Access to and from Townsite has been challenging this year as the only road up to the area (4th Avenue) has been undergoing a major rehab.
Traffic is being controlled by stop lights, and there have been reports of people waiting for several lights to get through at the most congested times.
There have been questions as to why flaggers have not been used.
City CAO Scott Sommerville says that the use of flaggers require that the road be restored to two-lane traffic outside of construction hours, when the flaggers would not be onsite.
“Restoring the road to two-lanes at the end of every construction shift would add significant delays and costs to the project,” he said.
“Rebuilding the road and dust control every day would also add to the overall traffic delays.”
Asked if there had been any thought given to using flag people during the busy morning and evening commuting hours, Sommerville said yes, it was considered.
“WorkSafe Regulations (18.6.1(a)) state: A traffic control person may be used only (a) if the use of signs and other traffic control devices and procedures alone cannot provide effective traffic control. We are following the Traffic Control Manual.”
Mayor Don McCormick says that staff knew when the project began that it was going to be difficult, primarily because 4th Avenue is the only route in and out of Townsite.
“There’s only one road in and out and the Townsite population has grown substantially. The road is narrow and it is long and it is the only road. The goal was to put measures in place to provide the least disruption possible.”
He added that no matter what sort of traffic control system the City went with, there is still going to be congestion during the project.
McCormick says there are two things he really has to take issue with, the first being the notion that the project was not planned carefully.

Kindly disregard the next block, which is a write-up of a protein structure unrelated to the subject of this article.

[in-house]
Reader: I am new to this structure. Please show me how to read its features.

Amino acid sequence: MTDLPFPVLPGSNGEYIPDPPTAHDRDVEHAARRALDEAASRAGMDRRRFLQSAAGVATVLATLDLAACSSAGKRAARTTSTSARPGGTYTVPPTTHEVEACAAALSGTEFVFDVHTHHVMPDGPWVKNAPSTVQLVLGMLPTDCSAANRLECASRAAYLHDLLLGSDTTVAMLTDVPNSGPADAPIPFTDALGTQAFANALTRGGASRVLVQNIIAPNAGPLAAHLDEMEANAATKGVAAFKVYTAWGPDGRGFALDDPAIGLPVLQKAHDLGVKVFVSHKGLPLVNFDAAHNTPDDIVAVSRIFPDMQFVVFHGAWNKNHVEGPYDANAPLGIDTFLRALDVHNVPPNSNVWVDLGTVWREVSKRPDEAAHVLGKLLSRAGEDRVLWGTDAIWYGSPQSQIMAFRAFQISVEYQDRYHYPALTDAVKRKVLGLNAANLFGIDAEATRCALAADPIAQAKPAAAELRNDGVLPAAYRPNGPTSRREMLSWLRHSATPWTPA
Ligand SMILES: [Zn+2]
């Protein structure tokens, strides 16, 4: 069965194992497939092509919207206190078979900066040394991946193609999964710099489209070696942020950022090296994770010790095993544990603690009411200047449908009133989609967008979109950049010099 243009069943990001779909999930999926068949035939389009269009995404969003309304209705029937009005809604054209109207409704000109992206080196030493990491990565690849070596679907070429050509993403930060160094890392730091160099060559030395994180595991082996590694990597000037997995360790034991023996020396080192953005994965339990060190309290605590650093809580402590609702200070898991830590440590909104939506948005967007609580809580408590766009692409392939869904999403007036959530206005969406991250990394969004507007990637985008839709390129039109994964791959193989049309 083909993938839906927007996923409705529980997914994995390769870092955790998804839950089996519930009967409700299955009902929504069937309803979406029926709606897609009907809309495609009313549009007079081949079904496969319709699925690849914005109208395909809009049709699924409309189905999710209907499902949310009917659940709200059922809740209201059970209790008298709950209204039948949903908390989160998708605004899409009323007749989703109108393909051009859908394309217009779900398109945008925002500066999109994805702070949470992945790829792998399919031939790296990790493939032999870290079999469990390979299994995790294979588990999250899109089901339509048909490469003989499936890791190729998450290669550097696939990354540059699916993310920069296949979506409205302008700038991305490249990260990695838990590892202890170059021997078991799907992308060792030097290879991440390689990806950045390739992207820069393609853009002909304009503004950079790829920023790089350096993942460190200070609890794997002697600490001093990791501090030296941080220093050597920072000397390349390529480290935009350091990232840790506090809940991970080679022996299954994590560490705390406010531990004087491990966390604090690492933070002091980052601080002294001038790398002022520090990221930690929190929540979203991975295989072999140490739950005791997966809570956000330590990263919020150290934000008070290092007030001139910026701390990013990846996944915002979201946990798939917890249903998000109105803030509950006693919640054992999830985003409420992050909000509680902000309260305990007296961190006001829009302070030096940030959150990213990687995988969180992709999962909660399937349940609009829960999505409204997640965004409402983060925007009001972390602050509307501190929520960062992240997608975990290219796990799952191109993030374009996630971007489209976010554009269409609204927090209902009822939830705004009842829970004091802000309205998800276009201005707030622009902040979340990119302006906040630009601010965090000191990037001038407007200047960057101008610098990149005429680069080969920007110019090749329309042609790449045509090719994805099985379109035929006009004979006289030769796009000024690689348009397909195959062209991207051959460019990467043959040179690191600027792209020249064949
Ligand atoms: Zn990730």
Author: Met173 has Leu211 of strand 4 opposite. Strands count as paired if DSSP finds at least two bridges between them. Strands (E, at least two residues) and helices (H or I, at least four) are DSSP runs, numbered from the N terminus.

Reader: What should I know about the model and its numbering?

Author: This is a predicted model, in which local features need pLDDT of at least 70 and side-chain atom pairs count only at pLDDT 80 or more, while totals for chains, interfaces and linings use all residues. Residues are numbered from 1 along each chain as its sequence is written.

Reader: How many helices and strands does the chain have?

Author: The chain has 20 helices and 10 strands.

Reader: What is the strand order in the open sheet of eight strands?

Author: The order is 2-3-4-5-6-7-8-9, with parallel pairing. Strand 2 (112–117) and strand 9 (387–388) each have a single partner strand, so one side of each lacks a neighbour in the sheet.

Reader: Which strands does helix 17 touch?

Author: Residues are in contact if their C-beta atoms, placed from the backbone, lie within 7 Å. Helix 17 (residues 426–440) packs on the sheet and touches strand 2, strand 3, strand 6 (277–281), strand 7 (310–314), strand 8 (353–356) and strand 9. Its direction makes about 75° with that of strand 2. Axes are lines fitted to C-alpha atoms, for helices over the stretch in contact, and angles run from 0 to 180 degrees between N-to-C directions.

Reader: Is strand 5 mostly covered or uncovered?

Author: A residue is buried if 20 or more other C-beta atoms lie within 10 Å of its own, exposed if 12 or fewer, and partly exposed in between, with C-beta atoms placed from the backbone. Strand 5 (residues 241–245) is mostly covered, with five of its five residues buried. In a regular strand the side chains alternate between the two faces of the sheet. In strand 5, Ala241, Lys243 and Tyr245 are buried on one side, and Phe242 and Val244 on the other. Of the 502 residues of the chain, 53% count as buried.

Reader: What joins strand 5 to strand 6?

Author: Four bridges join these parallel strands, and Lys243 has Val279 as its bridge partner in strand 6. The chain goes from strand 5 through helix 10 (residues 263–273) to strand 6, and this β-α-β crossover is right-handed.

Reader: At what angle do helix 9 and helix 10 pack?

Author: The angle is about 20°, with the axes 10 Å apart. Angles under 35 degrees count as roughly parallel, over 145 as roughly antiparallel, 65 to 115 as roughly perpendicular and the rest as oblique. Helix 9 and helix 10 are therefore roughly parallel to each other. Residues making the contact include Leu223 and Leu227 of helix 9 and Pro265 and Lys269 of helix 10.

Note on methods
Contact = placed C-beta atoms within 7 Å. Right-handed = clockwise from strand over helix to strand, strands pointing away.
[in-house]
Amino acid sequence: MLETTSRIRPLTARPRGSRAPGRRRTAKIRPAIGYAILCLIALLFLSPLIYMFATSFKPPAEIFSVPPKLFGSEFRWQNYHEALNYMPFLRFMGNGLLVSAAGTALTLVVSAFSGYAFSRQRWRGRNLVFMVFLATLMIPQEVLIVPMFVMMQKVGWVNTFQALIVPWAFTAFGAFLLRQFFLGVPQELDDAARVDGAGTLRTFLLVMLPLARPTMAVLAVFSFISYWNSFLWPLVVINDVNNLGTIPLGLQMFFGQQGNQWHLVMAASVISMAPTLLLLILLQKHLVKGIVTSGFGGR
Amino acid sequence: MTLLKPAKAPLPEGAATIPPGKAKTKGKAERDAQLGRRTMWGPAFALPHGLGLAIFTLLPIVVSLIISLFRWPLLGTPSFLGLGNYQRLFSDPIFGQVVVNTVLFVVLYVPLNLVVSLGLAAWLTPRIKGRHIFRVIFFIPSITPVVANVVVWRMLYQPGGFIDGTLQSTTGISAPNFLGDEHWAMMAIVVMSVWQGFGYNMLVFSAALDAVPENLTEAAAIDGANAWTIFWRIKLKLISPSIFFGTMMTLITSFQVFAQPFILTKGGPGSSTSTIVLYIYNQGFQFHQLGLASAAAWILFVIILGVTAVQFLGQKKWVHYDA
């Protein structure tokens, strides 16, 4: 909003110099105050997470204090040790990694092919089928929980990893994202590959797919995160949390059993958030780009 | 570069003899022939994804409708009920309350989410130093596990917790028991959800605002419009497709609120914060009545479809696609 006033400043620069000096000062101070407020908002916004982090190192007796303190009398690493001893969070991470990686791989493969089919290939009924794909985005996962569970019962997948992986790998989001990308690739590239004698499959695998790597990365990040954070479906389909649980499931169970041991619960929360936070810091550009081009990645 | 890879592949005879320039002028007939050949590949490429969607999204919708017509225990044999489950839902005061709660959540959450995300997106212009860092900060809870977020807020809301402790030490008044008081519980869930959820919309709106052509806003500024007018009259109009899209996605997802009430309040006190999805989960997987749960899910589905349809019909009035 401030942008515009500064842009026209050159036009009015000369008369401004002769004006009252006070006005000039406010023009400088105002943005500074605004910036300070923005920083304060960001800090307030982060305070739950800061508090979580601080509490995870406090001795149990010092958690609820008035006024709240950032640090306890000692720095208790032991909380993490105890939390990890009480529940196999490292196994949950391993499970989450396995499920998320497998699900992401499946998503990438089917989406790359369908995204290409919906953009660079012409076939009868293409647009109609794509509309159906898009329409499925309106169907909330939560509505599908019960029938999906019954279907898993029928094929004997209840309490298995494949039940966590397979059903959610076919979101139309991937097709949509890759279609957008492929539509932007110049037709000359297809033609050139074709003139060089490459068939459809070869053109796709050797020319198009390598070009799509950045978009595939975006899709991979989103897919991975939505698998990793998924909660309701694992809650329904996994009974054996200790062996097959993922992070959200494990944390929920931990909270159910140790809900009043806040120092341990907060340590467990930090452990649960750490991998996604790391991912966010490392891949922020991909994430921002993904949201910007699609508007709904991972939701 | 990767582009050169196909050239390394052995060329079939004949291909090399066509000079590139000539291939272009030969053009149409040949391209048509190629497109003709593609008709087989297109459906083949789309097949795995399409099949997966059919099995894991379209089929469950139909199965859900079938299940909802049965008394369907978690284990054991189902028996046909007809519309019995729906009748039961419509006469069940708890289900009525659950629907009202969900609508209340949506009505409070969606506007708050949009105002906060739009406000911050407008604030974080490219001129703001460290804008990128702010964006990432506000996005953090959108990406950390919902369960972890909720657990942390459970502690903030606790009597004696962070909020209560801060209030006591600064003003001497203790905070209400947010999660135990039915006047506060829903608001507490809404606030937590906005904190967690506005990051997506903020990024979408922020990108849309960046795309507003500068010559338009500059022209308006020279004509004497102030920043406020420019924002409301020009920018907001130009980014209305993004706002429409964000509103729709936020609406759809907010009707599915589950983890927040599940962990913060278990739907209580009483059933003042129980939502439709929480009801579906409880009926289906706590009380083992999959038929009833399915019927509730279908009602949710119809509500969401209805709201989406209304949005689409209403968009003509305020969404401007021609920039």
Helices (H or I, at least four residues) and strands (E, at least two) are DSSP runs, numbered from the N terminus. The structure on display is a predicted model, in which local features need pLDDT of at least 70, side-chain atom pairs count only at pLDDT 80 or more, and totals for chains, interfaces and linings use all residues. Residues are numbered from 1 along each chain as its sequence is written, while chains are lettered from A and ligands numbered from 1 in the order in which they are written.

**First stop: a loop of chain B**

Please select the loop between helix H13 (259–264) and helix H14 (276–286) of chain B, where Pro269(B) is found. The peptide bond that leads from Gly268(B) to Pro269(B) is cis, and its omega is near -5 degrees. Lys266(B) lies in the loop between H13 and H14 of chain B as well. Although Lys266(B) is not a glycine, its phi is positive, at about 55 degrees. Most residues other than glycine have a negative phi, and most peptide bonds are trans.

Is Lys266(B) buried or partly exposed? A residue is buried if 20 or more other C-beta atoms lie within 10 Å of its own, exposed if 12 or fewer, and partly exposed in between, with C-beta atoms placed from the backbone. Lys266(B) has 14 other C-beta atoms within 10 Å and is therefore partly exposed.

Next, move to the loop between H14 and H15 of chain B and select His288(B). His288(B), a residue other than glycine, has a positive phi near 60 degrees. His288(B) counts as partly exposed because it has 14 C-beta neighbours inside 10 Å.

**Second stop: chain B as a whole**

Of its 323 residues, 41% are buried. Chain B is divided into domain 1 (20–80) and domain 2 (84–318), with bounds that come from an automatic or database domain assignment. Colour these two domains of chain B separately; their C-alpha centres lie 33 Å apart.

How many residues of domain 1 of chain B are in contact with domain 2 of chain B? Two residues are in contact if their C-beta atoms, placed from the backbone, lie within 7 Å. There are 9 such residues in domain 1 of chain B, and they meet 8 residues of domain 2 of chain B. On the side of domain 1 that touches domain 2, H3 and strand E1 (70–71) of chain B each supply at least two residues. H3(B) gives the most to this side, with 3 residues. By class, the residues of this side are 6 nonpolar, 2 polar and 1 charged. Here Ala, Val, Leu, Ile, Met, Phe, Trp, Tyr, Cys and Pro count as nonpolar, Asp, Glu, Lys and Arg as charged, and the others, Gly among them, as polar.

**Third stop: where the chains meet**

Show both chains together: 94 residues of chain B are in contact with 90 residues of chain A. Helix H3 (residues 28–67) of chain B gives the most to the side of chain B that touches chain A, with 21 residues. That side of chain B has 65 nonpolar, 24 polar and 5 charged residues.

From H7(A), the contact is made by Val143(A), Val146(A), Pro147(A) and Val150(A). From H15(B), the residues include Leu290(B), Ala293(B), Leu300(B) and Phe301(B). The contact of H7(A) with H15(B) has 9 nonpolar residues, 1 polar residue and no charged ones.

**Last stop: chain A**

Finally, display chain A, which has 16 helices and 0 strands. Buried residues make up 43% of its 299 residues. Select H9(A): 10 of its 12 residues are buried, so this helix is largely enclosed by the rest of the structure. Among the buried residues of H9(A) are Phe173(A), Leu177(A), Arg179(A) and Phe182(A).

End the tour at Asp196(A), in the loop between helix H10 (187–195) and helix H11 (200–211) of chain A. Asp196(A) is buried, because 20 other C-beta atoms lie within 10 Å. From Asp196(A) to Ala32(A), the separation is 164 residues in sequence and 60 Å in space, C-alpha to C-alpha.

“One of the discouraging things is the view that some people have that staff didn’t plan this project. Staff put a lot of time and effort into it, and we are right on time and right on budget.”
“According to my Operations managers, the project is progressing on time,” Sommerville said. “The lower section of 4th Ave utilities are complete, and the crews have moved up to work on the utilities between Trail and Creston Street. Work on this section of utilities is expected to continue up to September 3rd, 2019. Road construction and paving is planned to start in mid to late July and will continue into the end of September.”
Another thing the mayor is not pleased with is the amount of abuse city workers are taking from motorists.
“It’s absurd that staff working on the project are absorbing abuse and it’s from more than a few people. They are trying to get the job done. There is no reason for people to be swearing at them or giving them the finger. I get that people are frustrated, but to take it out on staff is not acceptable.
“We are requesting that people please be patient, knowing that this will be an inconvenience for the balance of the summer. Staff is doing the best that they can.”
Next year the top half of the project will be done, but McCormick says that will be easier as there will be possibilities for motorists to get around the construction by taking another parallel road.